Reports said a second vote would be on preventing the United States from lifting sanctions on Iran as part of complying with the deal. It is not clear the Senate would take up the measure.

Side agreements

A third vote would be a nonbinding measure to express a sense of the House that the Obama administration failed to fully inform Congress of the details of a deal because members have not been able to see the texts of side deals.

Members of the conservative House Freedom Caucus triggered the shake-up. They demanded the Obama administration send the two side deals between Iran and the International Atomic Energy Agency to Congress as part of the deal under consideration.

They argue the clock on a congressional review of the deal will not start ticking until the side deals are submitted.

But under legislation approved earlier this year in the Senate, Congress has 60 days to review the deal before the White House can begin lifting sanctions on Tehran as part of the nuclear deal. That time period expires September 17. 

Both the House and Senate originally were expected to hold votes on a resolution of disapproval of the deal before that date.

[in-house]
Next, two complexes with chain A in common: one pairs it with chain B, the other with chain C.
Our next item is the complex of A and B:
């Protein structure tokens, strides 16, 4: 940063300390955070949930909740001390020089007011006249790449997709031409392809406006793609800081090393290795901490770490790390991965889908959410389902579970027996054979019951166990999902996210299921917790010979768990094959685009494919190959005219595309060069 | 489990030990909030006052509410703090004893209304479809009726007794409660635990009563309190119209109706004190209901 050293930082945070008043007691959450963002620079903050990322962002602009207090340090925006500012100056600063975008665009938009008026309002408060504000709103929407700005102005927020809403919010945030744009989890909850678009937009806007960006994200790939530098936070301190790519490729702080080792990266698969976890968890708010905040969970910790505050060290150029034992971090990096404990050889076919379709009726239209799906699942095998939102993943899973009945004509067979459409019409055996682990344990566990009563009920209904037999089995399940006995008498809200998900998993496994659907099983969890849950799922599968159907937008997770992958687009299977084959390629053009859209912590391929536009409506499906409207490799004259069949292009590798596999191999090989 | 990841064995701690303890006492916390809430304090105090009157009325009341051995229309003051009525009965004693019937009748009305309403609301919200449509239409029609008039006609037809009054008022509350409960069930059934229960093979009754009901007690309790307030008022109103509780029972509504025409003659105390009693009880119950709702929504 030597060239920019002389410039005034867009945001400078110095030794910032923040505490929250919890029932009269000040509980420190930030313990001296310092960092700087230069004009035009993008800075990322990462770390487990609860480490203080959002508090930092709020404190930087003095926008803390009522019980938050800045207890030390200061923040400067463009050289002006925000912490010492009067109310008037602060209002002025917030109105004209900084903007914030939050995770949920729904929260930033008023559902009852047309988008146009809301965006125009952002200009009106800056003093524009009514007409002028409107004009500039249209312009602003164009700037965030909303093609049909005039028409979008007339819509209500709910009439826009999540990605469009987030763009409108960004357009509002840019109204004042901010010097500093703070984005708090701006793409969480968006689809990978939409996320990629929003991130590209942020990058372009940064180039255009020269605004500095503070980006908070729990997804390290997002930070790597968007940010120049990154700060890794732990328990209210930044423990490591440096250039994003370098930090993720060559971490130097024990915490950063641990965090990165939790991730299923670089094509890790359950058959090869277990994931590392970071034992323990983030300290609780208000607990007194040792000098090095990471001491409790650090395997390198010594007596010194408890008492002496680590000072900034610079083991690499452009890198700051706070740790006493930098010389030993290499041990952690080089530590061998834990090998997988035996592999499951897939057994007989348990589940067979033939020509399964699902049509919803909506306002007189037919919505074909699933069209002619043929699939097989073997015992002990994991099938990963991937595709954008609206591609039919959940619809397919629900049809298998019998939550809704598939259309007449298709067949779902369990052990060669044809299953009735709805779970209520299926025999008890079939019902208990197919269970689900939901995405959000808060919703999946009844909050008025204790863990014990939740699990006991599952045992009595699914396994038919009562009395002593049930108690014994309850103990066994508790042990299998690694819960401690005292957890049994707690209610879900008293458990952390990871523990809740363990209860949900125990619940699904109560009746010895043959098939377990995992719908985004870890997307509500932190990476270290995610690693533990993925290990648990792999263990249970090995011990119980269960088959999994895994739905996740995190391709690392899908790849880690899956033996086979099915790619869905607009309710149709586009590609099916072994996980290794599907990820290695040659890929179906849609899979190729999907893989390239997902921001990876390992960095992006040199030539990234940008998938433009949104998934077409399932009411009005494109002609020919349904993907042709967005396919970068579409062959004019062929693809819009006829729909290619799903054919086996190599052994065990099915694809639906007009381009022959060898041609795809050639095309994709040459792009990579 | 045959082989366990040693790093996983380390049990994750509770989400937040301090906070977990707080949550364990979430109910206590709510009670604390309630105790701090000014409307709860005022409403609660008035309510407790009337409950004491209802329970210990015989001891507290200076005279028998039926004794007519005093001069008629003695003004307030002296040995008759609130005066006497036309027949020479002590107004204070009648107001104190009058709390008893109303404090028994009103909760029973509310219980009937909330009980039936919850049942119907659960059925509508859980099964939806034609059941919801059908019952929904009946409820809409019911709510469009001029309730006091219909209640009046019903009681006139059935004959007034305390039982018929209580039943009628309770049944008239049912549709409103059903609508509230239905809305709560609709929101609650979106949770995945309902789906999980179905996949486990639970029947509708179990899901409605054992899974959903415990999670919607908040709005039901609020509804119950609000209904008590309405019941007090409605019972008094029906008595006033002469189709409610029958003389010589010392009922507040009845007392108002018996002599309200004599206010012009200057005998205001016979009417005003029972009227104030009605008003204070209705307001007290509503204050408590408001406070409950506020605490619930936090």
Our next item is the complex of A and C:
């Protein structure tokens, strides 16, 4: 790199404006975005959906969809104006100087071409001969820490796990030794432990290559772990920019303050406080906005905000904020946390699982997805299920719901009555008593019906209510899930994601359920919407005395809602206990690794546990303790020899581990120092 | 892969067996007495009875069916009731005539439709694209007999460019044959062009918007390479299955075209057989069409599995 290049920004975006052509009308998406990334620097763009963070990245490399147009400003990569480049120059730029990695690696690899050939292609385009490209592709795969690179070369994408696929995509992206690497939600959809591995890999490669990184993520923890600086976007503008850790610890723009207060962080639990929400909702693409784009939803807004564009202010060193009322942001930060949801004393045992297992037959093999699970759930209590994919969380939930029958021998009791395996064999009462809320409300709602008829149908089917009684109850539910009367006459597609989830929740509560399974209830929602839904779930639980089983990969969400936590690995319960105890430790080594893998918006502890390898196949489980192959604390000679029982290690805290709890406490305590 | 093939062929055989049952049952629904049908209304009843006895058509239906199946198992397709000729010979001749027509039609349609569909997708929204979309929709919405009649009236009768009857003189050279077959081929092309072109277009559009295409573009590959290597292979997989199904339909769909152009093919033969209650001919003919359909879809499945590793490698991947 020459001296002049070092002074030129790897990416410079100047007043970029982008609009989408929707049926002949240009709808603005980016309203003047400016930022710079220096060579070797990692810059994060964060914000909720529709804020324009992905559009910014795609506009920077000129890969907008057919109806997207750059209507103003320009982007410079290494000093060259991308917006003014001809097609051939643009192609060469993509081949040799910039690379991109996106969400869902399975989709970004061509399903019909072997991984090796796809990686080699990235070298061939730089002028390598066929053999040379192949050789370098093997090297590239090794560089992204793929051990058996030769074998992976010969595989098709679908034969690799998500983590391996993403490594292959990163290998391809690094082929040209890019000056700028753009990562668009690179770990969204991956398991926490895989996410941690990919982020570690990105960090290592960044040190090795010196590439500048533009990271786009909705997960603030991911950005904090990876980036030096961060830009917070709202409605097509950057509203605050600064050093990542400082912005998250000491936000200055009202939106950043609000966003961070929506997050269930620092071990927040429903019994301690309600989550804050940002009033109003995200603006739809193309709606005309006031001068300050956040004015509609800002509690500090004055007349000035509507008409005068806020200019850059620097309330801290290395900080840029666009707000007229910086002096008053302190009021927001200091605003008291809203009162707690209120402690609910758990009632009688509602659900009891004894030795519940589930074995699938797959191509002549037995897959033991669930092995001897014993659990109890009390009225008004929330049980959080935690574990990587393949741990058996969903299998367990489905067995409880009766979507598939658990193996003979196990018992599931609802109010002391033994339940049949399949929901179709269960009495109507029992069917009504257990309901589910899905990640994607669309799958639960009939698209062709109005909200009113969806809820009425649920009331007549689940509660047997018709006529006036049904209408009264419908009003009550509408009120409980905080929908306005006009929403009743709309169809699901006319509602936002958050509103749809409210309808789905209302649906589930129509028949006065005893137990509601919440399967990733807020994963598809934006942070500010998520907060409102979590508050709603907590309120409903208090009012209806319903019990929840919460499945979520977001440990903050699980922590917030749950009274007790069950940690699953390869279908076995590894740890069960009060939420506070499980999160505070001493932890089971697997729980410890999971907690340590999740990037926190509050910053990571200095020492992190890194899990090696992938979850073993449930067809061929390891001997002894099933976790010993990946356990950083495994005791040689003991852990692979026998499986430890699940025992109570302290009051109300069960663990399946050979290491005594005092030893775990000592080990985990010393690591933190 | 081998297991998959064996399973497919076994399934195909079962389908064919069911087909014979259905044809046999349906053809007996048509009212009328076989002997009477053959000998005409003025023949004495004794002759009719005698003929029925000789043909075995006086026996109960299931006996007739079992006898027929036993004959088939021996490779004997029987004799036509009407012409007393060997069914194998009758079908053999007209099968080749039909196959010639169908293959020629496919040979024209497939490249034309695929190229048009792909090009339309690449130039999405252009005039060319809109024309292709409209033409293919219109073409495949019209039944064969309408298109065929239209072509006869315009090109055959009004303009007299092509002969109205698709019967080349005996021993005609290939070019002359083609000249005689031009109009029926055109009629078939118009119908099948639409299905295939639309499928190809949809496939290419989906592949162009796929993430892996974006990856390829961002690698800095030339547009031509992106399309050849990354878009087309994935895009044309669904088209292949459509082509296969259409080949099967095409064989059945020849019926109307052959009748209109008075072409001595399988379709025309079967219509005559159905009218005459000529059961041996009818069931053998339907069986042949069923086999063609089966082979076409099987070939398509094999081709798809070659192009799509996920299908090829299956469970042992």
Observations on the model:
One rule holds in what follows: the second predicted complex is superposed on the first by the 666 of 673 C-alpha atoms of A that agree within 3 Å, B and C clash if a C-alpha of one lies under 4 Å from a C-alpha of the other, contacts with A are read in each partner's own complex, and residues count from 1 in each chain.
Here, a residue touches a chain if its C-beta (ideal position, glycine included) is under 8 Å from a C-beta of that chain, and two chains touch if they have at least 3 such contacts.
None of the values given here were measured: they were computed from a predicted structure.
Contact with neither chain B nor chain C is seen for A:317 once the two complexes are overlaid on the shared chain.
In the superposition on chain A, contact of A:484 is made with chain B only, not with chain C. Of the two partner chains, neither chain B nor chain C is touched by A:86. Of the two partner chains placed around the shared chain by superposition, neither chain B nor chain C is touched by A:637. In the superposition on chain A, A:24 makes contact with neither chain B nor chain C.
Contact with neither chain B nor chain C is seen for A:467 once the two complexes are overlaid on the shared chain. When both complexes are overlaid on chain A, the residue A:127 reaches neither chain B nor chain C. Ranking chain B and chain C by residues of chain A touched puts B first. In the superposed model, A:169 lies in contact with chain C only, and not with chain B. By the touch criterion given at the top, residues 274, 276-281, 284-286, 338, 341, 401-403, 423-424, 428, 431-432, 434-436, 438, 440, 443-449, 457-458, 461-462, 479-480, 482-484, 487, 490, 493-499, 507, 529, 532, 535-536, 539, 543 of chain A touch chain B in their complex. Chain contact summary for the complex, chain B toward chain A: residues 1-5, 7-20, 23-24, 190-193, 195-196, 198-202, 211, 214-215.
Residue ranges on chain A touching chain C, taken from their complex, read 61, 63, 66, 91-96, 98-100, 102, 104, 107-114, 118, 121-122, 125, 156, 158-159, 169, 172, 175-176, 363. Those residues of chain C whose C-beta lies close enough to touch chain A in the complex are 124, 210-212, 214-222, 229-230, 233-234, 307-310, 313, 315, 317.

Republican House Speaker John Boehner of Ohio said Wednesday that Obama lost most members of Congress and the American people when he allowed Iran to continue on the path toward acquiring a nuclear weapon. 

Boehner has faced repeated revolts by conservative members of his party in the past on a number of issues. One such revolt, which tied a spending measure to the president’s health care reform plan, led to a 16-day partial government shutdown in October 2013.

This internal drama over the Iran nuclear deal was unexpected because Republicans are united against it.

On the Senate side, debate on the Iran nuclear deal disapproval resolution continues. Senate Democrats have secured 42 votes in support of the deal, one more than needed to block a disapproval vote in the Senate. 

Senate leaders have not yet announced how and when a vote will take place, but the 42 votes in the Senate mean Obama is not likely to have to use his presidential veto to ensure he can implement the international deal with Iran starting September 17.